Functional Aging/Older Adults
Programming exercises for seniors is more important than ever, especially now that travel is opening up again, but your clients may not have kept up with their workouts over this last year. Here are some great ways to prepare your active agers for more adventure.
The ICAA’s recent Call to Action invites businesses and organizations to implement wellness strategies to improve health for seniors.
Retired teacher and baseball fan Leta found corrective exercise and functional aging specialist Damien Joyner to help her with her fitness.
If you work with adults 50 and older, it may be time to educate them about the impact exercise can have on bone density and healthy aging.
Light activity, like walking, shopping or gardening, can help avoid mobility loss or disability in older women, according to research.
Fitness professionals who are passionate about training older adults may want to consider developing digital and virtual exercise options.
Inflammation is an essential defense system for enhancing survival. Learn how the inflammation process is linked to obesity, diabetes, aging and exercise.
Neuromuscular system changes in the aging population often include muscle weakness, reduced joint proprioception and decreased power.
Numerous studies demonstrate that cardiovascular exercise boosts brain fitness and HIIT improves executive function the most.
High-intensity interval training improves fitness and well-being among older adults over age 70 and may even increase longevity
Rocky E. had never set foot inside a gym, but at age 60, he was ready to try something new and reached out to personal trainer Tim Minnick.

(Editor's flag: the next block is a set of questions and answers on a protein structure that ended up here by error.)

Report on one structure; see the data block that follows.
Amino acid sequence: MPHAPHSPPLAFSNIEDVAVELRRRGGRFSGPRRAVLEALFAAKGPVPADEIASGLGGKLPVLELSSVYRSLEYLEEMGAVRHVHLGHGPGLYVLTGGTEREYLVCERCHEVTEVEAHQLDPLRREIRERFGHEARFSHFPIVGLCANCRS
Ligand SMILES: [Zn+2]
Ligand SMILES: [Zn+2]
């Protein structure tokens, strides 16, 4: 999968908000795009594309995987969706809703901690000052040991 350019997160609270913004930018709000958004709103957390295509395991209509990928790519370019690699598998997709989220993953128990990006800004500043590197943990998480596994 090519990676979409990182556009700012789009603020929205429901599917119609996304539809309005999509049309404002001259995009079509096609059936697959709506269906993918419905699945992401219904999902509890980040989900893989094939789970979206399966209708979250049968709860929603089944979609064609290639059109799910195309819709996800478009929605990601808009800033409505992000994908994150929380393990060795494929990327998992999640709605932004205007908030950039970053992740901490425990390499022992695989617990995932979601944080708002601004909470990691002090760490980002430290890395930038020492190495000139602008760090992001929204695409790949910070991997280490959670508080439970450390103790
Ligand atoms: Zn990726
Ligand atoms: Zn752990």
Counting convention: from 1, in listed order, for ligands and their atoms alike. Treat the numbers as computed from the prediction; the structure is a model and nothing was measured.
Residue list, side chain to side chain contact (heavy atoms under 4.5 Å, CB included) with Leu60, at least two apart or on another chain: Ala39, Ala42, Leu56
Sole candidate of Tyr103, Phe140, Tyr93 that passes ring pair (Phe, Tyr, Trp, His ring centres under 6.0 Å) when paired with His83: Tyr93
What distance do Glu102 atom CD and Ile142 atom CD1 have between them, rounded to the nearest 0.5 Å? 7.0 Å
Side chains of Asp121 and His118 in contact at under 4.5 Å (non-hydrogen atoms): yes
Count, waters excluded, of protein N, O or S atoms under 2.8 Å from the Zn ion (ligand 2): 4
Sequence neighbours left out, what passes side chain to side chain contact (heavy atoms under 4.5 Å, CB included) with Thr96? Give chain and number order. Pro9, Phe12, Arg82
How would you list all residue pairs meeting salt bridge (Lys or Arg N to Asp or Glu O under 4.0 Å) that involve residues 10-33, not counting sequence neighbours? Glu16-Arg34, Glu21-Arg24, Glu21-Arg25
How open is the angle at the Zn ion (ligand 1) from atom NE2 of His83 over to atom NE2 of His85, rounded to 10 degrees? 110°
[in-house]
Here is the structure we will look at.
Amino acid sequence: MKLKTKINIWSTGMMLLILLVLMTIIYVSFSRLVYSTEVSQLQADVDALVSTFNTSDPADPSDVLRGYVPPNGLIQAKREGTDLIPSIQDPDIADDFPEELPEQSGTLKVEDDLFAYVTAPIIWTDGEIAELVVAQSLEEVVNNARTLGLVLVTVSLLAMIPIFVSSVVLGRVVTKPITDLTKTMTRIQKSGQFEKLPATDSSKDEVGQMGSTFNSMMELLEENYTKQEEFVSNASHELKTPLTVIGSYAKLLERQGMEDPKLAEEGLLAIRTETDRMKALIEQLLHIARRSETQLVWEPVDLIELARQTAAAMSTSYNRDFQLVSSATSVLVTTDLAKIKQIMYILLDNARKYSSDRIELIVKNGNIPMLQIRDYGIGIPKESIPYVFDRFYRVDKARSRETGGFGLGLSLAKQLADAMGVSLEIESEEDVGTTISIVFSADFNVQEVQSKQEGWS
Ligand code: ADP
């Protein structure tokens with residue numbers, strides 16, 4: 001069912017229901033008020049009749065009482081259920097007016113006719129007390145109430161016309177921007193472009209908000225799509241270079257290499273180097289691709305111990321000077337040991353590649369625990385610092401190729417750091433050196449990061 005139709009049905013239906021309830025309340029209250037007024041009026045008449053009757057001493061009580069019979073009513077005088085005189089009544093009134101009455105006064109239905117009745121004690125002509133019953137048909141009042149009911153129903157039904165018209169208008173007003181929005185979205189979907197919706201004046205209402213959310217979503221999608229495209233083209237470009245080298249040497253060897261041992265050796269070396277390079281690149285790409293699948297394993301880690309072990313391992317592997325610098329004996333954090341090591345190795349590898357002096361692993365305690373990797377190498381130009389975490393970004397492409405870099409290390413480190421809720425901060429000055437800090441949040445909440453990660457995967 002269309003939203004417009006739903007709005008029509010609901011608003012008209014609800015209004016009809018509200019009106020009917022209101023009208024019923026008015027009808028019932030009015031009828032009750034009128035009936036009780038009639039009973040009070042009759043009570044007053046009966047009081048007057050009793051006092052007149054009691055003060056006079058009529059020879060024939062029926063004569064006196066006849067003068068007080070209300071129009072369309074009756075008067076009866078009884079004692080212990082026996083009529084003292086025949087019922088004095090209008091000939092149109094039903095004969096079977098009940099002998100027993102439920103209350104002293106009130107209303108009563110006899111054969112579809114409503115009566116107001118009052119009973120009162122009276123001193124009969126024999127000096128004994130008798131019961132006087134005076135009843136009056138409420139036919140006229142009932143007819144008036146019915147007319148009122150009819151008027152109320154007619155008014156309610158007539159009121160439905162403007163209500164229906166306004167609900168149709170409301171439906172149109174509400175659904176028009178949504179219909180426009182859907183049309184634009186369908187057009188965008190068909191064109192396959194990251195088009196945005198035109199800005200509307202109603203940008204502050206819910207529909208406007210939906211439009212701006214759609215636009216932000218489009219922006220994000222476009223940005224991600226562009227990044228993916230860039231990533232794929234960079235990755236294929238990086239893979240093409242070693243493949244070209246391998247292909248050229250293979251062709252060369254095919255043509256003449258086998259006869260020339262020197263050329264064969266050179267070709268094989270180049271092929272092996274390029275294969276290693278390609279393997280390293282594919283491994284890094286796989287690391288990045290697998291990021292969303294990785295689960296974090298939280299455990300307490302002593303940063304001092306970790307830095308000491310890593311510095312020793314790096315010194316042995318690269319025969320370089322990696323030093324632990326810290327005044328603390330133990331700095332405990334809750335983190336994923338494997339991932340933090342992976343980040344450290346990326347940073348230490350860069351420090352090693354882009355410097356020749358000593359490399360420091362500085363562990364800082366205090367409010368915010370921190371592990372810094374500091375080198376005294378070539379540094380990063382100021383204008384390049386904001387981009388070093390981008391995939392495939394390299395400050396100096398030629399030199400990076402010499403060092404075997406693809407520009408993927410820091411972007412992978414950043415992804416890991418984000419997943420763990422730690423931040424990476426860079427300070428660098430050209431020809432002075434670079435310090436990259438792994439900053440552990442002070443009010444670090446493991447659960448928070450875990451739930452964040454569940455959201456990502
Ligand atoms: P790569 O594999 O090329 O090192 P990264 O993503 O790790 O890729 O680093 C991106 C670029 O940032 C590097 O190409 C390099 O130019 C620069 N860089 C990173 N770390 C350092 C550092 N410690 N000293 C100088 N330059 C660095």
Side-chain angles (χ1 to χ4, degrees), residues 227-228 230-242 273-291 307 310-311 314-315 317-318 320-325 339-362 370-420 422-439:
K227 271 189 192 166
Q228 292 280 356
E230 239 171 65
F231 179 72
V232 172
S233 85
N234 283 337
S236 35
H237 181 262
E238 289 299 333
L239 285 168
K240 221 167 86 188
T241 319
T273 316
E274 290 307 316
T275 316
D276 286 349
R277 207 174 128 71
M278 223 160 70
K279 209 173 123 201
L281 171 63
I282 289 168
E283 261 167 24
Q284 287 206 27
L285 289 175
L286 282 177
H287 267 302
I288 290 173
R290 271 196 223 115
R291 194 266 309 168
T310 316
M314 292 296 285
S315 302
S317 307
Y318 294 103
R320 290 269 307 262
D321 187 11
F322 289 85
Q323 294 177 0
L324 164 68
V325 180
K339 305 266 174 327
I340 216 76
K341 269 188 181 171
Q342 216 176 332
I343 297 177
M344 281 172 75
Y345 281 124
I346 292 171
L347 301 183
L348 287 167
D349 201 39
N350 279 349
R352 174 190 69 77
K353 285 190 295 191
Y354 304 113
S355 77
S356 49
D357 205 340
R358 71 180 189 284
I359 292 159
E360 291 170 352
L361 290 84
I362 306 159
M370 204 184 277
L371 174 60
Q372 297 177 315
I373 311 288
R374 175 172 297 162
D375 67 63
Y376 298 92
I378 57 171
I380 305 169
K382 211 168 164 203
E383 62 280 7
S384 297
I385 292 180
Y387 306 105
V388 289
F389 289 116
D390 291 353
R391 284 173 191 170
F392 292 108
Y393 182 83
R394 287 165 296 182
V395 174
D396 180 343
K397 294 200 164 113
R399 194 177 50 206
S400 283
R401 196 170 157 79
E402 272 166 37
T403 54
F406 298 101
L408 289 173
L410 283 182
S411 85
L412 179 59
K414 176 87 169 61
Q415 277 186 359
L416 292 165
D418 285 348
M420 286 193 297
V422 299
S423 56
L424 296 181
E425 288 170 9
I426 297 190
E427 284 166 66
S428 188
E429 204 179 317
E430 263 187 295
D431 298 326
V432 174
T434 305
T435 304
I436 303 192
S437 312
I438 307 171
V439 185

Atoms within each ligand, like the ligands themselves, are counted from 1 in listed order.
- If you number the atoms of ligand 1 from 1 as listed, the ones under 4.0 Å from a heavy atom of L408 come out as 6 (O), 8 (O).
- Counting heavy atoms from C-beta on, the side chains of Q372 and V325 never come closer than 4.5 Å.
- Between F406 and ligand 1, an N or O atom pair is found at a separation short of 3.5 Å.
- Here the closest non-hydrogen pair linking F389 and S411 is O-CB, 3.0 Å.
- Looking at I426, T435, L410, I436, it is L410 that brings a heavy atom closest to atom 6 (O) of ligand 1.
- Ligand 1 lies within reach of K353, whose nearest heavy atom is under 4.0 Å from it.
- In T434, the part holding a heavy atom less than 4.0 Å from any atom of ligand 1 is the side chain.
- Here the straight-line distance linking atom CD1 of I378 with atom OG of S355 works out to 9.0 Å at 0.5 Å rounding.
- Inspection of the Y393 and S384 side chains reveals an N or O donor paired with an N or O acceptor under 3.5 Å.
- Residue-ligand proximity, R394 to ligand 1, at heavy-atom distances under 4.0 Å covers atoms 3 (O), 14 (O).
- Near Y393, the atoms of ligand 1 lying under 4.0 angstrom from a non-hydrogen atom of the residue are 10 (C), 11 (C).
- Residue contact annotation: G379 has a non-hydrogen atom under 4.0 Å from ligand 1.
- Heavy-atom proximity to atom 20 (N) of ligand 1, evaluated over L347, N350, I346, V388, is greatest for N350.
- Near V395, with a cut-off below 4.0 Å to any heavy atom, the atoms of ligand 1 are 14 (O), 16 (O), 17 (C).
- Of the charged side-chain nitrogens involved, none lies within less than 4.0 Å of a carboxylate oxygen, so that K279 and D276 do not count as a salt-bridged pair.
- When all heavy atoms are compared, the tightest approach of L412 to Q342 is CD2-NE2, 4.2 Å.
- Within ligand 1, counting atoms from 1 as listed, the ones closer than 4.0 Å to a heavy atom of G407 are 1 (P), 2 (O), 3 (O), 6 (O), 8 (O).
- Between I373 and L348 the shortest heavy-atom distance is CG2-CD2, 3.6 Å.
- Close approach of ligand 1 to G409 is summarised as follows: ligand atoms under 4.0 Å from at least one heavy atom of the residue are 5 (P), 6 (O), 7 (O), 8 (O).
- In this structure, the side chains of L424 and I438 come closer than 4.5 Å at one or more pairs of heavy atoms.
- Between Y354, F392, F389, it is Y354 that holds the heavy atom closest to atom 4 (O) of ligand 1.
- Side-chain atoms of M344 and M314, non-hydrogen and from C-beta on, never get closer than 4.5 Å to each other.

Researchers found that high-intensity resistance training in physical rehabilitation is safe and improves function and satisfaction for older adults.
Water workouts have been employed with older populations and those with elevated injury risk because of the reduced impact on the skeletal system.
Data shows that exercise training can reduce falls by 23%. Balance and functional training reduced falls among participants compared to nonexercisers.
With a tailored regimen that includes muscular power training, adults can keep their bodies fit and functional well into their later years.
No doubt you want to select the most functional, effective, helpful exercises possible, especially when working with an older-adult population. This priority extends to any stretches you integrate into class.
Wearing a weighted vest may help older adults to successfully lose weight while protecting bone quality and density.
Slowing typically begins after age 62 with a decrease in walking speed. The good news is that the right kind of exercise can help slow these declines.
Another study exploring the cognitive benefits of exercise affirms the positive effects of unstable resistance training.
A new study further supports the benefits of maintaining cardiovascular fitness during middle-age and beyond. In a study presented at the European Society of Cardiology’s EuroEcho 2019 meeting in Vienna, high cardiovascular fitness was linked with significantly lower death risks from heart disease, cancer and other causes for middle-aged and older women.